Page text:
A birthday gift weaving loom from her daughter Lily, Clarissa weaves a Chilkat/Ravenstail neck “scarf” while fishing with friends; a beautiful partly sunny day on the east side of Shelter Island, Juneau, Alaska — June 2016
No matter what size my weaving loom, be it 7ft. wide, 4ft. wide, 3ft, 2 ft. or 1ft., all my looms are portable. They have to be. I am always on the move.
The gallery and the fishing pole are proof, Clarissa is weaving while friends are fishing…a glorious place to weave as long as we keep the fish separate from the weaving!!!
For the past two years, I have been weaving four ensembles for my very first, and most likely my last, exhibit of weavings. I’ve had financial support from several funding organizations that have helped pay nearly all of my personal and business expenses; this support has been a luxury.
The following are the organizations that have provided me grants to do this exhibit:
* 2015 Native Arts and Culture Foundation Fellowship Grant, Vancouver, Washington State
* 2015 1st People’s Fund Creative Capital Grant, Rapid City, South Dakota
* 2016 Tulsa Artist Residency, Tulsa, Oklahoma
Clarissa’s weaving in the hotel room at the Seminole Hard Rock Hotel and Casino, Hollywood, Florida — September 2016
I have been traveling a lot this year; all of it has been business-related where I squeeze in family visits when I can. Portable weaving looms and financial support have enabled me to continue doing my other business-related work such as doing a presentation of my work during the NACF Board Meeting in Ft. Lauderdale/Hollywood, Florida, and the following week to attend the annual Las Vegas Souvenir and Gift Show.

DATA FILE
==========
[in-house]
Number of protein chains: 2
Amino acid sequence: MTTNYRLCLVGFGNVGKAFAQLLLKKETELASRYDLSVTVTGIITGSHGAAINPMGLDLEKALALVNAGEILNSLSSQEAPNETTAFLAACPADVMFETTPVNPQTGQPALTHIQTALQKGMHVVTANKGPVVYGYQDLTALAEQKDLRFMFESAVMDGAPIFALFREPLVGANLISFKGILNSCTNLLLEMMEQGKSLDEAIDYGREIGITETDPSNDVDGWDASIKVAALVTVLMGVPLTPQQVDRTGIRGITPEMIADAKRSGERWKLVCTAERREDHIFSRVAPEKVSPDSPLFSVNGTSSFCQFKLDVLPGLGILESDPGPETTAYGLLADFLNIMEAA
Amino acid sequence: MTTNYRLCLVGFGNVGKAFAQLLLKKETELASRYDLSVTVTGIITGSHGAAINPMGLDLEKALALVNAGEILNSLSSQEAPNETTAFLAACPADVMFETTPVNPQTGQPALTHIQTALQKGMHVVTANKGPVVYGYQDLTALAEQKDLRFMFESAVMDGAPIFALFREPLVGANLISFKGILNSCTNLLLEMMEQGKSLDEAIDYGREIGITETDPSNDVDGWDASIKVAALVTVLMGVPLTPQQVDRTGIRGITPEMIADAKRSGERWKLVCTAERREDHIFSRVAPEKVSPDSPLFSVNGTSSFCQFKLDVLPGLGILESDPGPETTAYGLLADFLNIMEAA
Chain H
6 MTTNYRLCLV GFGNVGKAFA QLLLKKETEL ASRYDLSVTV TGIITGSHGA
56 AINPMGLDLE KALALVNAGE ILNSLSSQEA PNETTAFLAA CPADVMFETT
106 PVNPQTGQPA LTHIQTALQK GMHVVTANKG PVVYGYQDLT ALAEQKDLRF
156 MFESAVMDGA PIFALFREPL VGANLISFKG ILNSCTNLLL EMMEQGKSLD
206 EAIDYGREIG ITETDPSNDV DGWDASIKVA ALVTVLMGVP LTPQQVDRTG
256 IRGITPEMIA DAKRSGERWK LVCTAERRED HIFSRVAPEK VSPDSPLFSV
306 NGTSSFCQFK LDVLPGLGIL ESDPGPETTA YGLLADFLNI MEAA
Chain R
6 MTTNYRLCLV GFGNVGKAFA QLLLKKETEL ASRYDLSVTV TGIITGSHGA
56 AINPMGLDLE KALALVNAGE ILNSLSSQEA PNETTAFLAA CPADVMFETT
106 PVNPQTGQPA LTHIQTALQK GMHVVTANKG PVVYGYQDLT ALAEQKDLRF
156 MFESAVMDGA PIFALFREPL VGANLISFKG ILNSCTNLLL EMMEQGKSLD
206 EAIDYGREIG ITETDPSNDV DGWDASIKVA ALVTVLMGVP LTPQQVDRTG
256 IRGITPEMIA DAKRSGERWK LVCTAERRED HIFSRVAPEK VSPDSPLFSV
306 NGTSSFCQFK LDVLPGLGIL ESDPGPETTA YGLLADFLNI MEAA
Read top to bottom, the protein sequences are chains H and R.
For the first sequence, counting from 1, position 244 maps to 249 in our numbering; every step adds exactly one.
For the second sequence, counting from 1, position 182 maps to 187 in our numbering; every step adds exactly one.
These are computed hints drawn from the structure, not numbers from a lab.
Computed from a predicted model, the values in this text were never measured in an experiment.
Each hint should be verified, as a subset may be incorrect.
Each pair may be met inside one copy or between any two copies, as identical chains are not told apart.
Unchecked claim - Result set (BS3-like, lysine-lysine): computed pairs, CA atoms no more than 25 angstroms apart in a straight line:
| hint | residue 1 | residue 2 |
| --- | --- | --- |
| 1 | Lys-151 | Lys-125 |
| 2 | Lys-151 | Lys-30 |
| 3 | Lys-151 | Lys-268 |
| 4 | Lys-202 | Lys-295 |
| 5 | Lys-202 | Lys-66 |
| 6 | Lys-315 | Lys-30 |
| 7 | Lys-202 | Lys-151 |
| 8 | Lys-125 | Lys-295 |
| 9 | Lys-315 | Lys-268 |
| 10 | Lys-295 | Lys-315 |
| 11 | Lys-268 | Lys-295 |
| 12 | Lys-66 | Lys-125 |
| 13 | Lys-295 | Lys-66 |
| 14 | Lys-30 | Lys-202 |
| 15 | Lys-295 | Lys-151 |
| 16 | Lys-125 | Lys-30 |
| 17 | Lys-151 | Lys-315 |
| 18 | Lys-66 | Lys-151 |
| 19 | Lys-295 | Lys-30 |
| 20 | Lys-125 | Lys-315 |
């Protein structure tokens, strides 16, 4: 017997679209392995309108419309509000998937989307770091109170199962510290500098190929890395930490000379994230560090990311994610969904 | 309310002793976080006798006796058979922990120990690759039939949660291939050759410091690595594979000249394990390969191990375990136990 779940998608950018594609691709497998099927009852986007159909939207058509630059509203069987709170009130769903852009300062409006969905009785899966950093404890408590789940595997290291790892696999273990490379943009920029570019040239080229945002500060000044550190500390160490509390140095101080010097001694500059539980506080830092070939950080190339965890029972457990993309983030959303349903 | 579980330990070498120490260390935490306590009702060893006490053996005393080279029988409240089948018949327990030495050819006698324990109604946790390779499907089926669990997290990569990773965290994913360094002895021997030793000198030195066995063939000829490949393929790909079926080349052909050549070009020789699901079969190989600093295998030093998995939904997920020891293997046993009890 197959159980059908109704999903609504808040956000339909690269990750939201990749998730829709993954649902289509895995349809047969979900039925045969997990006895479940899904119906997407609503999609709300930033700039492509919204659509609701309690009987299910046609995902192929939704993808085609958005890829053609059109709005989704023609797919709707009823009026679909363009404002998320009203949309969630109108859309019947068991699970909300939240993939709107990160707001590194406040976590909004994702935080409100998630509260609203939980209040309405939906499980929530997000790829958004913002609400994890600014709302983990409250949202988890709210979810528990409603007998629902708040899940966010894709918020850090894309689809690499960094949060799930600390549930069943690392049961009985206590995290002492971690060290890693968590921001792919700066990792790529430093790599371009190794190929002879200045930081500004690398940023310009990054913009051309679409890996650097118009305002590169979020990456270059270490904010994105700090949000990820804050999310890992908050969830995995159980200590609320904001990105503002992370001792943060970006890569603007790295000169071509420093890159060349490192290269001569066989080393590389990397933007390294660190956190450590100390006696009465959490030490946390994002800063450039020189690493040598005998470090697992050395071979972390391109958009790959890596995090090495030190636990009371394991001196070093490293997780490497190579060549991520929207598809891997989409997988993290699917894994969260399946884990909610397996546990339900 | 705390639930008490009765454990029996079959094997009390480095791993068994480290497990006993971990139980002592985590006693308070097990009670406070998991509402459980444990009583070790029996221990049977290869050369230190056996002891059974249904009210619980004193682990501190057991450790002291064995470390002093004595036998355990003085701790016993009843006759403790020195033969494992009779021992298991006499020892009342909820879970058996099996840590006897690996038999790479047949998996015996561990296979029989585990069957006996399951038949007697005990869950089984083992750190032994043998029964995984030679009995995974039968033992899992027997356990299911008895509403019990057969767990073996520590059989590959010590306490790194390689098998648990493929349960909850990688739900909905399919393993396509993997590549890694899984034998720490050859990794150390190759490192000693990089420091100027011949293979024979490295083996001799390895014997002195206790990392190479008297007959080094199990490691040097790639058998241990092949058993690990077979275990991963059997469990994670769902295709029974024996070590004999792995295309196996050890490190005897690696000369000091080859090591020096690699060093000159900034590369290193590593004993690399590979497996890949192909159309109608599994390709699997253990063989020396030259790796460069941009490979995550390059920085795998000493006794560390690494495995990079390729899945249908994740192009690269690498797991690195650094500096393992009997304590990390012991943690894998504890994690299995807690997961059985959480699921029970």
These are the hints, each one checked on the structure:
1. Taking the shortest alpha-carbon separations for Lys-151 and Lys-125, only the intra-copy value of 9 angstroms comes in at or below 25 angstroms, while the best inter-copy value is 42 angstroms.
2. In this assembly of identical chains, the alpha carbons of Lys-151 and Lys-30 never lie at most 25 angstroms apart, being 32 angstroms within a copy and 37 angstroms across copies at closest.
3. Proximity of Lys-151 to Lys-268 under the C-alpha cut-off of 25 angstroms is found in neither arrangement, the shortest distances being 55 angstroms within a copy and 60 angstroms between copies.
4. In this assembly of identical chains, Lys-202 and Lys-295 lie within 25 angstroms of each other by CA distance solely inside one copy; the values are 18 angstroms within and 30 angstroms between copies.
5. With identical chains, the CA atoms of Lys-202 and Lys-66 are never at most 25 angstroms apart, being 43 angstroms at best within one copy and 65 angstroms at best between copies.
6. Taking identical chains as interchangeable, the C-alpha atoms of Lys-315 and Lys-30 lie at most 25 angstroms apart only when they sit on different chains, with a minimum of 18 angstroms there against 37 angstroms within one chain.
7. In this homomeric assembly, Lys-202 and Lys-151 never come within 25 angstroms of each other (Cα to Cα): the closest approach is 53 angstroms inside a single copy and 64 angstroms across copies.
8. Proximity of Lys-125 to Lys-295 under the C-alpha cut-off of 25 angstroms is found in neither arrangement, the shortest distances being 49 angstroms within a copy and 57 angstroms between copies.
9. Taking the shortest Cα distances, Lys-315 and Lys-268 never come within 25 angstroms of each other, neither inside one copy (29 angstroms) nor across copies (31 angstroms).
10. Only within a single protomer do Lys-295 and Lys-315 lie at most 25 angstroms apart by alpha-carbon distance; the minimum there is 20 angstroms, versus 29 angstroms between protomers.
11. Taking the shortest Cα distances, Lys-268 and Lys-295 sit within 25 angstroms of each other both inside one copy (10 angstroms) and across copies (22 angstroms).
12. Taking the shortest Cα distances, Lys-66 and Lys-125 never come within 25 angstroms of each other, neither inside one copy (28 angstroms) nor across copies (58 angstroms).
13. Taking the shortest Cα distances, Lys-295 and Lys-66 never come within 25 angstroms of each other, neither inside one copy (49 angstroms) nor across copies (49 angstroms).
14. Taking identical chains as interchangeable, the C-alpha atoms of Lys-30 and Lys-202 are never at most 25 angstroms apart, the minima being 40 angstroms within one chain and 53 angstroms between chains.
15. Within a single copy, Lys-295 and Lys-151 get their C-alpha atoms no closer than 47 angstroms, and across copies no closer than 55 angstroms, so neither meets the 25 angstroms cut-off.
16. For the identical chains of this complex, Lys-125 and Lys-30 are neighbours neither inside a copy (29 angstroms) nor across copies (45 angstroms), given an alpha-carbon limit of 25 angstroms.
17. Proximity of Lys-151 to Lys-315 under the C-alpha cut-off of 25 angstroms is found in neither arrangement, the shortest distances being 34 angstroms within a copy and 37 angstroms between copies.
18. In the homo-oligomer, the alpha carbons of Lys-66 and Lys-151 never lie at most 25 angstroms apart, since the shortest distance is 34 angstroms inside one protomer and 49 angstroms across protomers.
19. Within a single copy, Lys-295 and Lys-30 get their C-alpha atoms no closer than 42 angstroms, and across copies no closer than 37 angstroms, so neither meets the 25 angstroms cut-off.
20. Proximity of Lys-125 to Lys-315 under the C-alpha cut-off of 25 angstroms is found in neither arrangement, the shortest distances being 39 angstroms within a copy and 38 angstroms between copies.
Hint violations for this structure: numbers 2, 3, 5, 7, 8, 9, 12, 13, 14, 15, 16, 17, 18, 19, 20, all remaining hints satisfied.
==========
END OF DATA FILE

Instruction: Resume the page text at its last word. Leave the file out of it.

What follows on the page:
With a refreshing treat of a small bowl of cherries, Clarissa gives herself a foot bath while weaving…
I’m teaching myself how to “relax” in the midst of movement, creativity, business and sometimes chaos. Listen up weavers; if I can do it, so can you!
One of three completed woven strips to be a part of an ensemble entitled “Girl Gaucho” — the ensemble is part of an exhibit “Layers of Love” opening at the Bill Reid Gallery in Vancouver, B.C. Tuesday, October 18th, 2016
I am living proof that we Chilkat and Ravenstail weavers can get our work done in the midst of movement!
Clarissa models her latest Chilkat robe “Egyptian Thunderbird” at Eagle River Beach in Juneau, Alaska (Hmmm…Clarissa’s hair is the same color as the beaver fur trim and don’t you just love her “Raven” ears!) — photo by NEA photographer, Tom Pich
Click on this link to see your open invitation to the general public for the NEA Heritage Fellowship concert: 2016-heritage-ceremony-invitation
As part of the award ceremonies during the week of September 25-30, 2016, the NEA National Heritage Fellowships Concert will be on Friday, September 30, 2016. For those who are not in Washington, D.C. area, the event will be streamed live at arts.gov. If you are in Washington, D.C. area, the Friday night presentations/concert is wide open to the public. Feel free to pass this information along to your family and friends who aren’t able to be in DC that day.